The question “why” rests deep in the marrow of my bones. I can’t help myself. When someone says something can’t be done, or someone gives me a directive I don’t understand it wells up and begs an answer.
I think that’s why I connected on such a deep level with the philosophy Chris Schwarz expounds in The Anarchist’s Tool Chest. Because it answers questions I didn’t even know I was asking and put language to things I was thinking long before I picked up the book.
The work of the aesthetic anarchist (as I understand it) is to choose quality and purpose over the expedient and fashionable. To challenge the prevailing narrative of planned obsolescence with planned permanence.
It is, in short, to choose put down roots somewhere when all the world is dust in the wind. I can get on board with that.
Another way to think of it is cognitive dissonance, not within one’s own self, but within one’s culture. The simple act of eschewing the fiberboard, flat-pack world for something more substantial bears witness that this something more substantial is actually possible.
But such anarchy doesn’t reside in books and ideas alone. The proof is in the shavings. Anarchy rests on the finely sharpened points of your rip saw. It sits at the end of your chisel, waiting to be unleashed. Somewhere in your wood stack there is a declaration of independence waiting to be signed in sweat and sawdust.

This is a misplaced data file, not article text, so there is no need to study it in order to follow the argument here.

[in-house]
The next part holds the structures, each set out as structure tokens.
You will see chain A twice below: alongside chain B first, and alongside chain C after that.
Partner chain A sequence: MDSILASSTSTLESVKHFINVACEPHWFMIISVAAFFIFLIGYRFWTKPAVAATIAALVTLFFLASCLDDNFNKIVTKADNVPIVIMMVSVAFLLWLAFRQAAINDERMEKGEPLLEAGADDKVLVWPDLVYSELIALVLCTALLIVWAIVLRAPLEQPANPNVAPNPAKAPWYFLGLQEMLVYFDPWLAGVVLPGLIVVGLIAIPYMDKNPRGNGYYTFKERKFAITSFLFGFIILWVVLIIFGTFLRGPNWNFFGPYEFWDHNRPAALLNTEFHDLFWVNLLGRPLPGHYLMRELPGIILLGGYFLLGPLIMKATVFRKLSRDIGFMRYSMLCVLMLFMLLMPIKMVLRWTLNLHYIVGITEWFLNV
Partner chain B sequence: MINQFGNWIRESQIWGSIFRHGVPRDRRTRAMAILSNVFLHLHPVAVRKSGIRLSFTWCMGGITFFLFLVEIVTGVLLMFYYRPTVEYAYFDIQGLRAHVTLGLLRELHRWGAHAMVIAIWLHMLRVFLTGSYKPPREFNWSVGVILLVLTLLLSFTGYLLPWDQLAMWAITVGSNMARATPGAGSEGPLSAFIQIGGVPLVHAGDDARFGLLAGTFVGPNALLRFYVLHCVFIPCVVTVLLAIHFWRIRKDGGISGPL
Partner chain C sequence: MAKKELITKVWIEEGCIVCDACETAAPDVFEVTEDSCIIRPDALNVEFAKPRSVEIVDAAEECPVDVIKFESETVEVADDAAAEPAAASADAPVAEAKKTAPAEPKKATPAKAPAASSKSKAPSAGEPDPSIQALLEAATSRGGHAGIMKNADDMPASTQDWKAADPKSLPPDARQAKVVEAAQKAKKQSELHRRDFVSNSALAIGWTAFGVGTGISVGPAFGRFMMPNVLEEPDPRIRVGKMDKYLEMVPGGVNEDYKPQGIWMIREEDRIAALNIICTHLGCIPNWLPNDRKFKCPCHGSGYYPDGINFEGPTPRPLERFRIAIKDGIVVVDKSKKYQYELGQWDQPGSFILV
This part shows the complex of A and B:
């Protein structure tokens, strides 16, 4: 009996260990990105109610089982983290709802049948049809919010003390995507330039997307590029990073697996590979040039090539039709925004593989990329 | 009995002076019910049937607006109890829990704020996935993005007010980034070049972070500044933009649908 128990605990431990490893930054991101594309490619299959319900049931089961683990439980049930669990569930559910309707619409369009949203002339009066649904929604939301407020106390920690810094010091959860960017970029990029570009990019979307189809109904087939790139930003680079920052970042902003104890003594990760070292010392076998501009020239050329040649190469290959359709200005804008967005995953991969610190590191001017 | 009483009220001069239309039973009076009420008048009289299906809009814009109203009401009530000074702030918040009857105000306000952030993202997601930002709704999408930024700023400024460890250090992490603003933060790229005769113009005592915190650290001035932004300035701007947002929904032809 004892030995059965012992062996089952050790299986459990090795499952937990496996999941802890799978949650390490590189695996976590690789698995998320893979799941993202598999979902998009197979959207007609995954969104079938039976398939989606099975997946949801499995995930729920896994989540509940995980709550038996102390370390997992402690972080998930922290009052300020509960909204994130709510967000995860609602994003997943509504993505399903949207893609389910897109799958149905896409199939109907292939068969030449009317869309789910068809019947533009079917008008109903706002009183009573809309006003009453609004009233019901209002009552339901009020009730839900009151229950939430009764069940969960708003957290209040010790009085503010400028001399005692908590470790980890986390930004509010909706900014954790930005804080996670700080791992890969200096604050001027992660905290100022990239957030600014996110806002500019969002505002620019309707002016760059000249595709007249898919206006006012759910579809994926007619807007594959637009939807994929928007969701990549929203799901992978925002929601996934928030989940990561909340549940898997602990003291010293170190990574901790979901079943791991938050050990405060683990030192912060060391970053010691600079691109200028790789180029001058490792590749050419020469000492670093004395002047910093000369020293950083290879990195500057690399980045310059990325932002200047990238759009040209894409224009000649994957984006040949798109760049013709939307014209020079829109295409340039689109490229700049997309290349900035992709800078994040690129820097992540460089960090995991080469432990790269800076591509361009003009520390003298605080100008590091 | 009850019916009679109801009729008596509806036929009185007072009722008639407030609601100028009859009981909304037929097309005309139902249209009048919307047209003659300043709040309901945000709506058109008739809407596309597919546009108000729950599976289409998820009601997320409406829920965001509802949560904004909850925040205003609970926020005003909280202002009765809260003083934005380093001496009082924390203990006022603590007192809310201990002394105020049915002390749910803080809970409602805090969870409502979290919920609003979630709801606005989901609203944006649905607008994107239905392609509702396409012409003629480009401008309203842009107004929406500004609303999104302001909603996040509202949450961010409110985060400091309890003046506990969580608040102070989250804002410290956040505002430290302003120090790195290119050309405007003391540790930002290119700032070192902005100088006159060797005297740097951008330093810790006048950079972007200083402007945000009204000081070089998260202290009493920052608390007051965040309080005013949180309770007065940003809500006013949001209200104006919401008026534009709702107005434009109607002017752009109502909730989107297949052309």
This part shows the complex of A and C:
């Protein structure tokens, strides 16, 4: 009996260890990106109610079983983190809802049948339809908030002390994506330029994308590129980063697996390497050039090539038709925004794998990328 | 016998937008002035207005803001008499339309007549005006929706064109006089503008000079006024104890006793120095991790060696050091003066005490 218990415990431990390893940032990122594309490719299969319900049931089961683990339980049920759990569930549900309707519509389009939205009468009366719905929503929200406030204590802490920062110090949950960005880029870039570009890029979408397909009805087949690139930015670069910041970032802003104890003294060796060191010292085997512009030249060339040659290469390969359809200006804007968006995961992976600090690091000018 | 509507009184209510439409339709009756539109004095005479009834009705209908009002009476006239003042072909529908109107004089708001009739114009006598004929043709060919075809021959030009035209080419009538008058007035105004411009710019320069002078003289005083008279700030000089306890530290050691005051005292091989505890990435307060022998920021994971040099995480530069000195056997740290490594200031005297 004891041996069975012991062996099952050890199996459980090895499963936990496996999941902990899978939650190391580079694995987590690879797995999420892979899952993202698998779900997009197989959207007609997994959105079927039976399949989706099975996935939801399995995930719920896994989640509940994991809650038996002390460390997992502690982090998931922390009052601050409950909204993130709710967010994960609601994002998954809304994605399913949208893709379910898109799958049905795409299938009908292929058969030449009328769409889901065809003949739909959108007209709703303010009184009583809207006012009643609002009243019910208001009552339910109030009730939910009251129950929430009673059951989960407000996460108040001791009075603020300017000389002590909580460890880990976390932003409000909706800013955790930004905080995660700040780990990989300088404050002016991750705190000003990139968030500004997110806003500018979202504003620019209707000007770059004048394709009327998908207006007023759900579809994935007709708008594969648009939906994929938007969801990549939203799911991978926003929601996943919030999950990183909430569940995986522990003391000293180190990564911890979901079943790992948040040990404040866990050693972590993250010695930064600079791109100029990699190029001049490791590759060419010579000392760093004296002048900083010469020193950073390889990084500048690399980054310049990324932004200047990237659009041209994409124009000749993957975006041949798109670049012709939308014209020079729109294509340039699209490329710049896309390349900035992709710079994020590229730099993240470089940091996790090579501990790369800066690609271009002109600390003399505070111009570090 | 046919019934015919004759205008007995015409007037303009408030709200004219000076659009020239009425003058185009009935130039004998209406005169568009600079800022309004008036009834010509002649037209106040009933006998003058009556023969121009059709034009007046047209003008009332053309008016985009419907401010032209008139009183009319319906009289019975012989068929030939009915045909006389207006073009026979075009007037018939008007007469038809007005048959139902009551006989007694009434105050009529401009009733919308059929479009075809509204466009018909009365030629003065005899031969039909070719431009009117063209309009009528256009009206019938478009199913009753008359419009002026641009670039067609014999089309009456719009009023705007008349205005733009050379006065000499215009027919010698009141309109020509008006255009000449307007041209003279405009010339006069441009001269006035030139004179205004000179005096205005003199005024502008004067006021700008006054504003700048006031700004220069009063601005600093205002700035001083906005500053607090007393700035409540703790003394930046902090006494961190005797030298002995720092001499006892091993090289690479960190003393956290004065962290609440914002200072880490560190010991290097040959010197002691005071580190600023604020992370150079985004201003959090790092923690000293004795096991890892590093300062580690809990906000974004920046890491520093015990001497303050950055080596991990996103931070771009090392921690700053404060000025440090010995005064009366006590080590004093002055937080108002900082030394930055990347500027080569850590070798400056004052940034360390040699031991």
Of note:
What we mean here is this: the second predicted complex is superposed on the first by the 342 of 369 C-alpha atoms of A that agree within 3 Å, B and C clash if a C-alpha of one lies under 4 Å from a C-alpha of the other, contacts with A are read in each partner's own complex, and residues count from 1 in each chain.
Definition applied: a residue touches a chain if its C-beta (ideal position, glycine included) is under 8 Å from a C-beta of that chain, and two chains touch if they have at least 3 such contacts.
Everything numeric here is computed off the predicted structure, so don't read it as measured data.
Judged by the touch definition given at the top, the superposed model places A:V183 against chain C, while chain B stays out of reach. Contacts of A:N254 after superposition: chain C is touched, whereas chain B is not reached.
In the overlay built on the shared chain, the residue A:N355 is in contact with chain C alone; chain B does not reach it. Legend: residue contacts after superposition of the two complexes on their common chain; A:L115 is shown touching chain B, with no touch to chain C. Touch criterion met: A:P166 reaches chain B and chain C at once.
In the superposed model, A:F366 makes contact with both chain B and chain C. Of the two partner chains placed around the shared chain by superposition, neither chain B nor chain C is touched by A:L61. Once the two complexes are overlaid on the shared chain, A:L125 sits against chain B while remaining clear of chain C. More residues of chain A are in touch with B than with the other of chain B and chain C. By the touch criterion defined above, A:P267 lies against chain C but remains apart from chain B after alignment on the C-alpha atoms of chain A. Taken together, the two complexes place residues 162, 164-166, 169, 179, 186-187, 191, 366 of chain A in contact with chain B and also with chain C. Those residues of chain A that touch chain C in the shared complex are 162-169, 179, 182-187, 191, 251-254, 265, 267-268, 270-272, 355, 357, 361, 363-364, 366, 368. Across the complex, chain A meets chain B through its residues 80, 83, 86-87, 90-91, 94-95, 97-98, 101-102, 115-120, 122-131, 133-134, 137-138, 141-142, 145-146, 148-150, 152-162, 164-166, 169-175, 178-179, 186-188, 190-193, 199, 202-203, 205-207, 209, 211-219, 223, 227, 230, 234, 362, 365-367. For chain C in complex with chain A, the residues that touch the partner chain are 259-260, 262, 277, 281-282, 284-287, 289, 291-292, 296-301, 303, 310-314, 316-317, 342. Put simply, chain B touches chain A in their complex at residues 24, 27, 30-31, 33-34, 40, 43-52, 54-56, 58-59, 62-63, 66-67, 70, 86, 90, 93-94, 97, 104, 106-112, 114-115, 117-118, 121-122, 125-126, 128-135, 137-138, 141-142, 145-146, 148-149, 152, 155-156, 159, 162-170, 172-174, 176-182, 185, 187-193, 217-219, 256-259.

These are the things I’ve been thinking about with every choice I’ve made in constructing the (baby) Anarchist’s Tool Chest. I’ve been plugging along (albeit slowly) on this chest, and at every turn I have had to ask myself questions like “do I really want to shell out for blacksmith made hinges?” “How much am I willing to spend on paint?” “What about nails?”
And every time I ask a question like this I ask another question right behind it: “Do I want this to be around when my grandchildren are old enough to have their own grandchildren?” All of a sudden the answers become pretty obvious.
It’s like my grandfather used to say: “If something’s worth doing, it’s worth doing better than IKEA.”
Or something like that.
Anyway, I’ve made some real progress. The lid is dimensioned, embellished with a tasteful thumbnail moulding and waiting for battens. The rot strips (made out of some spare walnut) have been epoxied and screwed to the base. I’ve started fitting out the inside tray runners and I’m ready to make some trays.
In the meantime I bought some milk paint in a deep, bold blue from a local antiques store.
I found these there as well. They’re reproduction, but they’re sturdy.
I did go all out on hinges from Nathan’s Forge based on a good recommendation from a fellow woodworker. I’ll post those when they arrive.
Until then, I’ve got some gluing and hammering to do.